Weekly Bulletin

My dear brothers and sisters in Christ,

Recently I have mentioned on more than one occasion that the use of the smartphone can keep us from developing our social skills, especially with the younger generation. In the December 28, 2018, issue of the Caller-Times a letter written by Zach Bauder, a junior at Lakeside School in Seattle, Washington, was published. I want to share that letter with you.

“I’m a high school junior and I say spend less time on your smartphone”

There are two types of happiness in this world: pnes that last and ones that don’t. Either they are enjoyed momentarily, like a candy bar or spending time on your smartphone, or they are long-lasting, like the relationships you have with someone you love, or a passion that motivated you to get out of bed in the morning. Take the example of smartphones, introduced recently to most Americans, but to me, a Gen Z kid, something that has always been an integral part of my life. Not only do smartphones bring momentary satisfaction, but they also can add to the chaos and disorder in life, potentially destroying anything meaningful. NNow, don’t get me wrong, smartphones are great. I have access to the collective knowledge of generations, readily available anytime in the palm of my hand.

When I was 11, my mom got a smartphone. At first, the idea of touch-screen technology was foreign to me. But gradually I became accustomed to this new technology. Fellow classmates got phones, too, and informed me of the newest and coolest apps. After hearing of their seemingly joyous experiences, I would go home to see for myself what they were talking about. Some of these games weren’t of interest to me, but others transfixed me for hours at a time.

This got much worse when I was in seventh grade. My dad bought me a Samsung tablet, and over the summer I played video games every day. The following Christmas, I got a smartphone. I was able to effortlessly entertain myself whenever I wanted. My phone followed me wherever I went, and I began to think that I couldn’t live without it. I became reliant on it for everything in my life from entertainment to self esteem and validation. My battle with technology was a losing one.

That was until I decided that I had had enough. I was tired of competing with other people I didn’t care about on social media, and I was fed up how my spirit was drained in correlation with the battery in my phone. I decided to prioritize schoolwork, friends and family, and sleep. Although I did not entirely commit and stand firm in my priorities, I got a glimpse of what real happiness was. I grew as a person and was able to have a little more balance in my life.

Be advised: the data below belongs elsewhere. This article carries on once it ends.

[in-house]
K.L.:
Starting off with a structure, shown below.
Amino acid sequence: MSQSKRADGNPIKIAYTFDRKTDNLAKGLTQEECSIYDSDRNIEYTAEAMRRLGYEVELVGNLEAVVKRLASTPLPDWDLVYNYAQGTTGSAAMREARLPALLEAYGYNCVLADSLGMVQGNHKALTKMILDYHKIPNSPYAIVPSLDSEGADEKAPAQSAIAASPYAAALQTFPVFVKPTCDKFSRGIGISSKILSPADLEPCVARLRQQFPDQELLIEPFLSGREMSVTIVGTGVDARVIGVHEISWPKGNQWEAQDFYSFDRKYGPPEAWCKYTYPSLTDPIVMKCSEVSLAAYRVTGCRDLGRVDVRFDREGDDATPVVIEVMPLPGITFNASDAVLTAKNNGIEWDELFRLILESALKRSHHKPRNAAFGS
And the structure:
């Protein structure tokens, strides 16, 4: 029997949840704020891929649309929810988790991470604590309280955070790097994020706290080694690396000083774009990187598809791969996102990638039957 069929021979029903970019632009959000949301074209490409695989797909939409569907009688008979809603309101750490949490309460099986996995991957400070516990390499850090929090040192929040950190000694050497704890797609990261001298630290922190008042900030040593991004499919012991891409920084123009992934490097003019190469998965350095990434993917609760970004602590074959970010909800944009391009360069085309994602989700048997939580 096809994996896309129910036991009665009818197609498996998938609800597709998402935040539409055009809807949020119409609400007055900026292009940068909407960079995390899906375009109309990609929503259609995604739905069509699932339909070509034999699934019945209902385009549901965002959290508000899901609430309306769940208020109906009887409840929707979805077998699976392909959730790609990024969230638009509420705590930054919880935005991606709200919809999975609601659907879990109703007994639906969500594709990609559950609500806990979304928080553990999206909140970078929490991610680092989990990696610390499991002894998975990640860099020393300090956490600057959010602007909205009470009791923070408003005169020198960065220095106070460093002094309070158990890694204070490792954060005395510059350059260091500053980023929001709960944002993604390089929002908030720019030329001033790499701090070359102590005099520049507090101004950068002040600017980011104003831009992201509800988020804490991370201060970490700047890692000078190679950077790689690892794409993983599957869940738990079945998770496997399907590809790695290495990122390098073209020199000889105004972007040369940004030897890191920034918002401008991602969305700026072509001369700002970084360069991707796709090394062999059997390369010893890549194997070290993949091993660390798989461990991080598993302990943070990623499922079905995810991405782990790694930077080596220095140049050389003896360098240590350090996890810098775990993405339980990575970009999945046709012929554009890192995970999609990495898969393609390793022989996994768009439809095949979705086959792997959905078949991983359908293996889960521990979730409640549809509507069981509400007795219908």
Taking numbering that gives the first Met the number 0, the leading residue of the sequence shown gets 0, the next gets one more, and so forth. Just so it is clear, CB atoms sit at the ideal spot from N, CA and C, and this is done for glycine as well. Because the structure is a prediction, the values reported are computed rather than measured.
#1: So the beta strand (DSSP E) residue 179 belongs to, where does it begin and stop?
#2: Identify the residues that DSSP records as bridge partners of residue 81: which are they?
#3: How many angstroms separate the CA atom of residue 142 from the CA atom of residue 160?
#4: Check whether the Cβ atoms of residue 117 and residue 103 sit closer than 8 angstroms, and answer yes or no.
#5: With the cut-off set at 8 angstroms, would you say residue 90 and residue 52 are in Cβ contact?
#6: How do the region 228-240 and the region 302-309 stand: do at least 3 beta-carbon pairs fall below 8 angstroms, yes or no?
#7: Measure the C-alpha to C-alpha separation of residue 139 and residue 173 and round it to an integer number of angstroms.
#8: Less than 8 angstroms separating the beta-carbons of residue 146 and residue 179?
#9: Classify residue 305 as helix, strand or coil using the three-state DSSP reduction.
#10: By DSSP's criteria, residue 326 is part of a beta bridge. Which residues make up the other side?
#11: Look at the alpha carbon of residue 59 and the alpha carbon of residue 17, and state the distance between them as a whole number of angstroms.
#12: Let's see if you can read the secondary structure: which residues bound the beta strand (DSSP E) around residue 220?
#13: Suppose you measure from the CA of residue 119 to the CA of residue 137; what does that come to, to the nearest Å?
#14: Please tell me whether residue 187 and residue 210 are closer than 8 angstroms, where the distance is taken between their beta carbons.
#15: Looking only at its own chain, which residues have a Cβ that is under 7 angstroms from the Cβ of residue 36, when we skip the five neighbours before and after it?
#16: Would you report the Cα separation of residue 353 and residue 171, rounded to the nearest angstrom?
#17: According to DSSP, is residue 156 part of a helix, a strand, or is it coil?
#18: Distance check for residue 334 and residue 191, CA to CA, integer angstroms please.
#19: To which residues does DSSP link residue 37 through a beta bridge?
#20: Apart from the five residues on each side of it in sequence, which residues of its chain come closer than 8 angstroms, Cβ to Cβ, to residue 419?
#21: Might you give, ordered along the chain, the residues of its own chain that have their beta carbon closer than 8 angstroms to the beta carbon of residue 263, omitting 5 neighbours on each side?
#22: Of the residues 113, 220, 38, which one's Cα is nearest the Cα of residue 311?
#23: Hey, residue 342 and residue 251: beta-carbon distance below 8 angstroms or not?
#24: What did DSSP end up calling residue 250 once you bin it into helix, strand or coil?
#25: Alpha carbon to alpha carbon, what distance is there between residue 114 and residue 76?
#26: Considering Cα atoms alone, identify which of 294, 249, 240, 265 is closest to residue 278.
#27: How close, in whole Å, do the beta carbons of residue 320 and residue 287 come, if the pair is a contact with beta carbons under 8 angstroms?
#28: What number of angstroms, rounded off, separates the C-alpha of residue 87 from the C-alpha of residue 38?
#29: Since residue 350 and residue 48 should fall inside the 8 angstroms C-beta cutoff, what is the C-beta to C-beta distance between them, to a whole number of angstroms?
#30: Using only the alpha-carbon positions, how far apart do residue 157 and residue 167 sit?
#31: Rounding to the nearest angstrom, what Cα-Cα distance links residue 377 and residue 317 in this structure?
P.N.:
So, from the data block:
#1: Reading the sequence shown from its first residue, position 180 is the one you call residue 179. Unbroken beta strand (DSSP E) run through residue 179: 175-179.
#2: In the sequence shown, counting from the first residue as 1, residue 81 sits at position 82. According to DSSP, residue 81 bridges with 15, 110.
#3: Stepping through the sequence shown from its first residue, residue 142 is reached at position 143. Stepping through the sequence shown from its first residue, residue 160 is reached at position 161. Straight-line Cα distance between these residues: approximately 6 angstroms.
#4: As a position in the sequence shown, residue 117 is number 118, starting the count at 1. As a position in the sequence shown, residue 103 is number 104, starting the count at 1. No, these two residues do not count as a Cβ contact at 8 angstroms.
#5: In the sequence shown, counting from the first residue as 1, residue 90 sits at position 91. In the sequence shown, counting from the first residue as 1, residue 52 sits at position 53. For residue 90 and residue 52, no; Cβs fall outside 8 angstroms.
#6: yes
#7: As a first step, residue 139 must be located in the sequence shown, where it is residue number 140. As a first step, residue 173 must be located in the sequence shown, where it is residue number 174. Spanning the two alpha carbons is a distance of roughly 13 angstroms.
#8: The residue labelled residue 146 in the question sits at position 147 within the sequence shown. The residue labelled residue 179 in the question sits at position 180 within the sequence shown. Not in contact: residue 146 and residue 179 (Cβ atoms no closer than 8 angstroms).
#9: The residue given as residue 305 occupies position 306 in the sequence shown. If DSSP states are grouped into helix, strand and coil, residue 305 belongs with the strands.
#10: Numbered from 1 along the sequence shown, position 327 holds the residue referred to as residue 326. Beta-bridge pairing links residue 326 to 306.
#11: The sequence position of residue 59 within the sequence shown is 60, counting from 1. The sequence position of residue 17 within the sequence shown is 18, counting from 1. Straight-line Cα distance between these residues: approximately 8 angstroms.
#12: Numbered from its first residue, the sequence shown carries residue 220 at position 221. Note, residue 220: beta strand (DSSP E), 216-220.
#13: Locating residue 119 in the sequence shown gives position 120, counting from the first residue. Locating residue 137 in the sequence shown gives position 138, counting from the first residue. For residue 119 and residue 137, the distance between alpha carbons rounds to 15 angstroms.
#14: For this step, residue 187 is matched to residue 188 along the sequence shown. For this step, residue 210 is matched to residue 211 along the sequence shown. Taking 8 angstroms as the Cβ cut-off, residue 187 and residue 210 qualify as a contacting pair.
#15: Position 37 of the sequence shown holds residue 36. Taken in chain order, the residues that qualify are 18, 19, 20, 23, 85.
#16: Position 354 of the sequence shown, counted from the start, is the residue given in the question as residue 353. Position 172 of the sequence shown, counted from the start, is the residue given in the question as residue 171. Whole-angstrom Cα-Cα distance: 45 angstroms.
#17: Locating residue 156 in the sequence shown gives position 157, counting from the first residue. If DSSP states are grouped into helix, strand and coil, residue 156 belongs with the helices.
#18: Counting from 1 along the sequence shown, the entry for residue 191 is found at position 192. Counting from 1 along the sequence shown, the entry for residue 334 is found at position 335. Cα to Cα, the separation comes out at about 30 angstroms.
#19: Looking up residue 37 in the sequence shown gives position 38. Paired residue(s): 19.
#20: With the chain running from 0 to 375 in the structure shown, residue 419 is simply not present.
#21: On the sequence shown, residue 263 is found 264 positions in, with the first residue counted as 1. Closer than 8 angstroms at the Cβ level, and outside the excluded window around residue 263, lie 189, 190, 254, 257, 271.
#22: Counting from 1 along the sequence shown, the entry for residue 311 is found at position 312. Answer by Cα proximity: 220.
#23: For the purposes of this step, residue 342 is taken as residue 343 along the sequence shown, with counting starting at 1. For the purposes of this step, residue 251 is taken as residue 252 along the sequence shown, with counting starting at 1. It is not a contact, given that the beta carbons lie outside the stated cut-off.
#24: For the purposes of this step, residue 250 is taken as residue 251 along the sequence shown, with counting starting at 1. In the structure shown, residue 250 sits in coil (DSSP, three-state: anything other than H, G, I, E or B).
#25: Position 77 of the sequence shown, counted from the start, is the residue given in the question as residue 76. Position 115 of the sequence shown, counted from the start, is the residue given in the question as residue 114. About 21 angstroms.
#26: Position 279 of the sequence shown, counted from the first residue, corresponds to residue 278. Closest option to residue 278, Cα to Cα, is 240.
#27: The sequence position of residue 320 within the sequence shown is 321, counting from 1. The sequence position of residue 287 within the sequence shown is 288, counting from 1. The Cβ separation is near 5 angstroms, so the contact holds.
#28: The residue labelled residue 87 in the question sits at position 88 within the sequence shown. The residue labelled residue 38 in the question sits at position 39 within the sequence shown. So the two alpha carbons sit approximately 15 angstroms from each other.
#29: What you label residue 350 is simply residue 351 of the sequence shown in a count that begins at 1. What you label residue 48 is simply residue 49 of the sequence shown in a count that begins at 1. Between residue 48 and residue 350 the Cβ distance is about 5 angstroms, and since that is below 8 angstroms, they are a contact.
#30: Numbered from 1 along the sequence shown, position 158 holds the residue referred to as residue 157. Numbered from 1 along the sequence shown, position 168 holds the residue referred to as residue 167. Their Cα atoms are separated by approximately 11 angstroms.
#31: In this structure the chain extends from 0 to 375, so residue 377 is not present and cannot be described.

I am not the only one who has had problems with technology. A study done by the American Psychological Association assessed the mental health of eight, 10th and 12th graders from 1991 to 2016. They found that in 2o12, “psychological well-being” suddenly decreased, and that teenagers who spent more time on screens and less with things that didn’t have a screen had lower psychological well-being. I can confirm this, and take it a little further. Kids my age (15,16,17) are depressed and anxious. Many are suicidal, angry and unhappy.

 Aristotle’s Doctrine of the Mean, a tool that has been used throughout history to make ethical decisions in life, emphasizes the importance of balance, the average between extremes. Using this, I can gather that you should neither stay away from technology not let it dictate your life. Have a little balance in your life. Only then will you truly be happy.

I wanted to share this with you because I am becoming more and more concerned about our losing our abilities to be present to each other and also because this letter was written by a teenager. You know what they say — if you want to know something about technology, ask a teenager! I am troubled when I see people on their phones or tablets when there are living, breathing people sitting next to them or across the table. I am more trouble when I see parents handing their children a smartphone to keep them occupied instead of letting them interact with other children. We are losing our ability to communicate and interact with each other. Relationship problems develop when we cannot communicate with each other!

Let me encourage you, old or young, to do a little self checking and see how much time you spend on the smartphone and how much time to you give to speaking with a living person. As we approach Lent, this could be something for us to use as a Lenten Reflection!

I love you,

Msgr. Larry

 

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